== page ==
Late nights, (really late dinners in the dark, sometimes at 11 pm) early mornings and lots of physical activity combine with our annual vision quest to make the 10 days very intense -- fulfilling, exhausting, uplifting, deep and full of life and power.
After two days driving back to Montana, we had only a few hours to pick up our teacher and his family at the airport, then take them to the annual Peace Encampment north of Helena. I spent the time unpacking everything (massive piles of laundry, camping gear, ceremonial stuff) washing blankets, clothes etc, getting groceries for the next five days for 6+ people, then repacking everything in preparation for the encampment. We were making preparations until 10 minutes before their plane arrived, and still got to the airport in time. Whew!
The Peace Encampment is a gathering of people -- American and Canadian Indians and others, for the purpose of holding four of the old ceremonies that had almost been lost because there are so few spiritual leaders who still have the knowledge to lead these dances: the Ghost Dance (or Jump Dance) Deer Dance, Prairie Chicken Dance and Horse Dance. People come from as far away as Saskatchewan, Alberta, California, Washington and European countries to attend the ceremonies. This summer was the 9th year. The late Pat Kennedy, a native elder from the Blackfeet nation, began the encampment and ceremonies after having a vision that he was to bring back the dances to the people. Our teacher and shaman, Brant Secunda, leads the Deer Dance and it is our great honor to be able to support him in the ceremonies and do general cooking, setting up etc, during the encampment. This was the second time the encampment came right on the heels of our Shasta summer group meeting.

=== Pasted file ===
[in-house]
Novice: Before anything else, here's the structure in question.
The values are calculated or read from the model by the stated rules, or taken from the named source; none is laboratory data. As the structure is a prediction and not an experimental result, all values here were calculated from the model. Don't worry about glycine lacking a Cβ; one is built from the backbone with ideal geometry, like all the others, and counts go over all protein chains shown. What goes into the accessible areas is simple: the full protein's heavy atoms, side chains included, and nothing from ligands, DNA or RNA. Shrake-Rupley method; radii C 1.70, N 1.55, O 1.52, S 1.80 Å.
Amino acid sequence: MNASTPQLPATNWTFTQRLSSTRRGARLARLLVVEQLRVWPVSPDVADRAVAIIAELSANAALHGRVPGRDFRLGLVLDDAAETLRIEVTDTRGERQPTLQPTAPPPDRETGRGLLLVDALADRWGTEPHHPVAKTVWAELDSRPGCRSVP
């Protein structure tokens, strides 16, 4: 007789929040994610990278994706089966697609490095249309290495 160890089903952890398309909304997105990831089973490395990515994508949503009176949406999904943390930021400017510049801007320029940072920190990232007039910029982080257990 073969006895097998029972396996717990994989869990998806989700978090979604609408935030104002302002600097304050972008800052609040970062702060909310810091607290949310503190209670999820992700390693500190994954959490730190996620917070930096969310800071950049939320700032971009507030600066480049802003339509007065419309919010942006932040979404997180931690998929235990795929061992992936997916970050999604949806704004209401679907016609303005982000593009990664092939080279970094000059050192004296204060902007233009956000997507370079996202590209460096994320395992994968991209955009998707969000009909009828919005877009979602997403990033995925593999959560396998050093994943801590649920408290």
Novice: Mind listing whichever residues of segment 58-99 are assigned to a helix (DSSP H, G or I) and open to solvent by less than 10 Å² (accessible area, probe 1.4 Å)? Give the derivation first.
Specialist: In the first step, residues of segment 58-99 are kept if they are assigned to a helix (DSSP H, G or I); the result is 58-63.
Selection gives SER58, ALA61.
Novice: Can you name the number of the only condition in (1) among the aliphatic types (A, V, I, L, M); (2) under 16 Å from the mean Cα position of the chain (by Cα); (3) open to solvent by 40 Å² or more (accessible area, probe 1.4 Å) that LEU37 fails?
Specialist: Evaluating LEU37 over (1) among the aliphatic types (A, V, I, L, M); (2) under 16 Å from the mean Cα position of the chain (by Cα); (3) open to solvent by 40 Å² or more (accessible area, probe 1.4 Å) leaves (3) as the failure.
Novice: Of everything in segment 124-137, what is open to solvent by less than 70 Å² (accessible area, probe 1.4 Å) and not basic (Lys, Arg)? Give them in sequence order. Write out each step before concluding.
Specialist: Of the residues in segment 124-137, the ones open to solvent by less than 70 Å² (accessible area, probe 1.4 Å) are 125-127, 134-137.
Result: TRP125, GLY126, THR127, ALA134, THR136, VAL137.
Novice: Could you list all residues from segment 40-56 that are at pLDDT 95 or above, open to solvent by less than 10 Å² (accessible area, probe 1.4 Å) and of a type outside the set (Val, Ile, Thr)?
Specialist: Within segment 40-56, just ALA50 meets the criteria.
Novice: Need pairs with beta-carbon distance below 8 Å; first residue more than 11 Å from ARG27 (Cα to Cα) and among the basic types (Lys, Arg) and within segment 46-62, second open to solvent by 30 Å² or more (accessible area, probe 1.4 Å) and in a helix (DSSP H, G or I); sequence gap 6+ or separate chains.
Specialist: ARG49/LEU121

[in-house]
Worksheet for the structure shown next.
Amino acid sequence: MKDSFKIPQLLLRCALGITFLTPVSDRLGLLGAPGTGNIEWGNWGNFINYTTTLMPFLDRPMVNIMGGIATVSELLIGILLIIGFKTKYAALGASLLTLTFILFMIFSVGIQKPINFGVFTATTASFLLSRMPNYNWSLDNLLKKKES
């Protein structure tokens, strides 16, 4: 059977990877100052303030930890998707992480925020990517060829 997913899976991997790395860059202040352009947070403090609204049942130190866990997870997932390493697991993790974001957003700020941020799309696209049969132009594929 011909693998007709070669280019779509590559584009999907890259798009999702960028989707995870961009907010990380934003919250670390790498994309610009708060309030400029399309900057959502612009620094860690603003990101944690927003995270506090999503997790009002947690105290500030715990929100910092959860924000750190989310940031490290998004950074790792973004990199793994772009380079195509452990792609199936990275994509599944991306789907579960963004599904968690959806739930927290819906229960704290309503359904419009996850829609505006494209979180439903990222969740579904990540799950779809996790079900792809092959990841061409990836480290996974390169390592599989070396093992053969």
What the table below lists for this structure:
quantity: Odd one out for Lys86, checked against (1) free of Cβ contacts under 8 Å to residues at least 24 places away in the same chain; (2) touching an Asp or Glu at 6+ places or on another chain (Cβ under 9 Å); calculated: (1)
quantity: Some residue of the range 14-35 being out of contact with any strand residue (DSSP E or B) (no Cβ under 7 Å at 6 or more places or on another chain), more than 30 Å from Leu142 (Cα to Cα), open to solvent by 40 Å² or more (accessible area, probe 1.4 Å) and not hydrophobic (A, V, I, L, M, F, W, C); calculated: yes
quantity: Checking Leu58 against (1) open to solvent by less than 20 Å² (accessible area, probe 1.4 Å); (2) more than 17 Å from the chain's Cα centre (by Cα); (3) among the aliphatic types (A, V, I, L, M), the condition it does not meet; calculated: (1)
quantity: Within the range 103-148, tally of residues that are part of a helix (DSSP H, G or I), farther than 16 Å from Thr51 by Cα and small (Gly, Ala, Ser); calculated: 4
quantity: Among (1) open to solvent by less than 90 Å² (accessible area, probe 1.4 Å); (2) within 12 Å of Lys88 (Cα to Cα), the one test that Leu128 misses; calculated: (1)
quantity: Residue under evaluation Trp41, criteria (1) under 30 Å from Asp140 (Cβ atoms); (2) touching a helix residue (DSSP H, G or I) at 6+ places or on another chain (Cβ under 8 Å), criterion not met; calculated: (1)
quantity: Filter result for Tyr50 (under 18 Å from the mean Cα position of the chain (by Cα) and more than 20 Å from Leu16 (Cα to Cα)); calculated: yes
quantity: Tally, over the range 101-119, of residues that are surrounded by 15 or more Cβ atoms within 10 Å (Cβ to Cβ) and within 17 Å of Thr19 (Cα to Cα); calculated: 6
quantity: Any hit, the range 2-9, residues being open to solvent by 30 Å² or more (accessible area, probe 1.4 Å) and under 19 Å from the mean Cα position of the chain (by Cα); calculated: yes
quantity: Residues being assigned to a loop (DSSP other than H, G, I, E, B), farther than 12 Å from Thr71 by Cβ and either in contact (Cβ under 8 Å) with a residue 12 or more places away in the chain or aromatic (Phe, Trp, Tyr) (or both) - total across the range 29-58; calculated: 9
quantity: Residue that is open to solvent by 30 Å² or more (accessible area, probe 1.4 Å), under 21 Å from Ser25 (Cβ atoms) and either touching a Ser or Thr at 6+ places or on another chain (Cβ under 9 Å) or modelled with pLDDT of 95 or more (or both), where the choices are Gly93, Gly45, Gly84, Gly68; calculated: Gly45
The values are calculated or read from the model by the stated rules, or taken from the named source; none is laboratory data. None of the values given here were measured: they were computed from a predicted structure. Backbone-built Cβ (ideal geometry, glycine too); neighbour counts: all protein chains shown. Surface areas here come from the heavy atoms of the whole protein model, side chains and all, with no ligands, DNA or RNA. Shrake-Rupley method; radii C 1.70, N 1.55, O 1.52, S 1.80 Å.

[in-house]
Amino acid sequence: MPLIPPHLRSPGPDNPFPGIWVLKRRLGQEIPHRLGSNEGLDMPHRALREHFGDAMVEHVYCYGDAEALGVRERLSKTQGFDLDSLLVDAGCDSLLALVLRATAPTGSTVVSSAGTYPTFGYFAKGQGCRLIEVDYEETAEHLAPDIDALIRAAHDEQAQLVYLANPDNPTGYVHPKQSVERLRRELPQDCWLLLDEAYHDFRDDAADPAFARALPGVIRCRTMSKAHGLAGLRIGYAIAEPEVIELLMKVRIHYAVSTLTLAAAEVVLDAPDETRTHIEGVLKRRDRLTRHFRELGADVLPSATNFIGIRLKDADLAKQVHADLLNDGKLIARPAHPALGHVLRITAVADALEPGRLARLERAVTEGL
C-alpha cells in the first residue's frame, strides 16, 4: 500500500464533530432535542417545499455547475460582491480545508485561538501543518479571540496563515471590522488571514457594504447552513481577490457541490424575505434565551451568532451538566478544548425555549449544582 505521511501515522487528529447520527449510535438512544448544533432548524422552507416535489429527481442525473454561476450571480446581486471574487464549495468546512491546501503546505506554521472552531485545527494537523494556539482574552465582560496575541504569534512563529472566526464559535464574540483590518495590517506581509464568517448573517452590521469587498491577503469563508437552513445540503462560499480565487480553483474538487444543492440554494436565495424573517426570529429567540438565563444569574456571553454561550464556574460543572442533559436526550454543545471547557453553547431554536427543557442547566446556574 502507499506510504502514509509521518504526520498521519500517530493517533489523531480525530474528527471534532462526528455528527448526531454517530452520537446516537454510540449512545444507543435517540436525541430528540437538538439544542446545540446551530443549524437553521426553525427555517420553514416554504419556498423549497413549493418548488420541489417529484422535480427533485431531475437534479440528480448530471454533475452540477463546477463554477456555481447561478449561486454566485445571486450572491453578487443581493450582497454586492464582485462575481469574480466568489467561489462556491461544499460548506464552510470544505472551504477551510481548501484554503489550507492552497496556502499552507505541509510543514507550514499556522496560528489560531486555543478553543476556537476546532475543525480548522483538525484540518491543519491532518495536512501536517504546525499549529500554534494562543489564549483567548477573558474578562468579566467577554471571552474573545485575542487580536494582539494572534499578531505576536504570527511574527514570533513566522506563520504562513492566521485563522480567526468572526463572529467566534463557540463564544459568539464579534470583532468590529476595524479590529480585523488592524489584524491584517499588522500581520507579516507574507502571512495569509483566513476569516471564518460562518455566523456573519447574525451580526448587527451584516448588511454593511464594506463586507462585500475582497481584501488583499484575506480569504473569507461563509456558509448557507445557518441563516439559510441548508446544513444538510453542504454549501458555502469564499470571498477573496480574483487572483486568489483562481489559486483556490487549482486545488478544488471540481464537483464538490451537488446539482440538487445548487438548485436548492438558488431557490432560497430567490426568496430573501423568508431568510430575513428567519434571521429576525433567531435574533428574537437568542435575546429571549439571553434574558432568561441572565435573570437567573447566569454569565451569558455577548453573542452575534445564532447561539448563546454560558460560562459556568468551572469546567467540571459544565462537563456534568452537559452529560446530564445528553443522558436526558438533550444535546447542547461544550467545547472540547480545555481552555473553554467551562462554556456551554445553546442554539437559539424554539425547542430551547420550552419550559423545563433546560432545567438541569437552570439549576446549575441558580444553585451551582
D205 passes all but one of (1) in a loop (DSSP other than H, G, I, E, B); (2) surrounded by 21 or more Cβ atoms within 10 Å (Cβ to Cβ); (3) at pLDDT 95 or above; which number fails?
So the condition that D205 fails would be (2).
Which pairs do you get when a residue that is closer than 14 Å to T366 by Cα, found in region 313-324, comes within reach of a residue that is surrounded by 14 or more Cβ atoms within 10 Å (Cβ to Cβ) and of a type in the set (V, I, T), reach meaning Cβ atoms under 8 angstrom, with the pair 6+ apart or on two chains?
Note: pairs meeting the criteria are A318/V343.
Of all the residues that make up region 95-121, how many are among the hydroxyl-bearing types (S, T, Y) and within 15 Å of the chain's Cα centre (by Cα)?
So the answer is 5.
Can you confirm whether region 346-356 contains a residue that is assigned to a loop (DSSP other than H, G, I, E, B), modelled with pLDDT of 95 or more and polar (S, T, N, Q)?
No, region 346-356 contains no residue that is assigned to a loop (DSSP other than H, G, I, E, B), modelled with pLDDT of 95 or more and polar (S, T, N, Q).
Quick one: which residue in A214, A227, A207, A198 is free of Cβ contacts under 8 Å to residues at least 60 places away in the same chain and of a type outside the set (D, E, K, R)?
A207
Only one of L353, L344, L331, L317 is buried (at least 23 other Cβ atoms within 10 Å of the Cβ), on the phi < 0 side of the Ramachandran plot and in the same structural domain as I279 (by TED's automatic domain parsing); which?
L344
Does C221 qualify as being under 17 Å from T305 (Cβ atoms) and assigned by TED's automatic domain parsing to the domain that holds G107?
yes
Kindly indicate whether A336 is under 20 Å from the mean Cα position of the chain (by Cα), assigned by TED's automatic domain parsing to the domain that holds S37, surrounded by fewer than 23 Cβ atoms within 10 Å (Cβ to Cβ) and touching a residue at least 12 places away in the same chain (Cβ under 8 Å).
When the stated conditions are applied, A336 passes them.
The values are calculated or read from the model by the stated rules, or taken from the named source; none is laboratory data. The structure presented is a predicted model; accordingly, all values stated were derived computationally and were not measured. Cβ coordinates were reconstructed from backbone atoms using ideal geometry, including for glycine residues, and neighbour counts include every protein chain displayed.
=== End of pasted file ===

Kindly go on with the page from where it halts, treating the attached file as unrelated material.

Now that Brant and his family have left Helena, things are sortof getting back to our normal routine. Gabe rode his bike from Eugene to Helena and is here for a couple of weeks. Mickey will arrive this weekend with Jenny, so we will still have a full house, but I am so happy to have them here! I always think to myself "You never know, this may be the last time you have your kids home for an extended visit, though I hope not!"
The back porch is covered with camping gear waiting to be put away, coolers airing out in the sun, clean laundry hanging out to dry, Gabe's stuff, bikes, tons of stuff -- it looks like an explosion. I'm slowly working on the pile. Meantime I have my landscape design work to catch up on.
August is hot here in Helena. The garden is looking weary, droppy, crispy in spots -- it hasn't been watered consistently and it shows! Days are hot; nights cool off around 2 am; mornings are perfect - coolish (at least in the shade) until around 9:30 am - best time to work outside. I'm happy.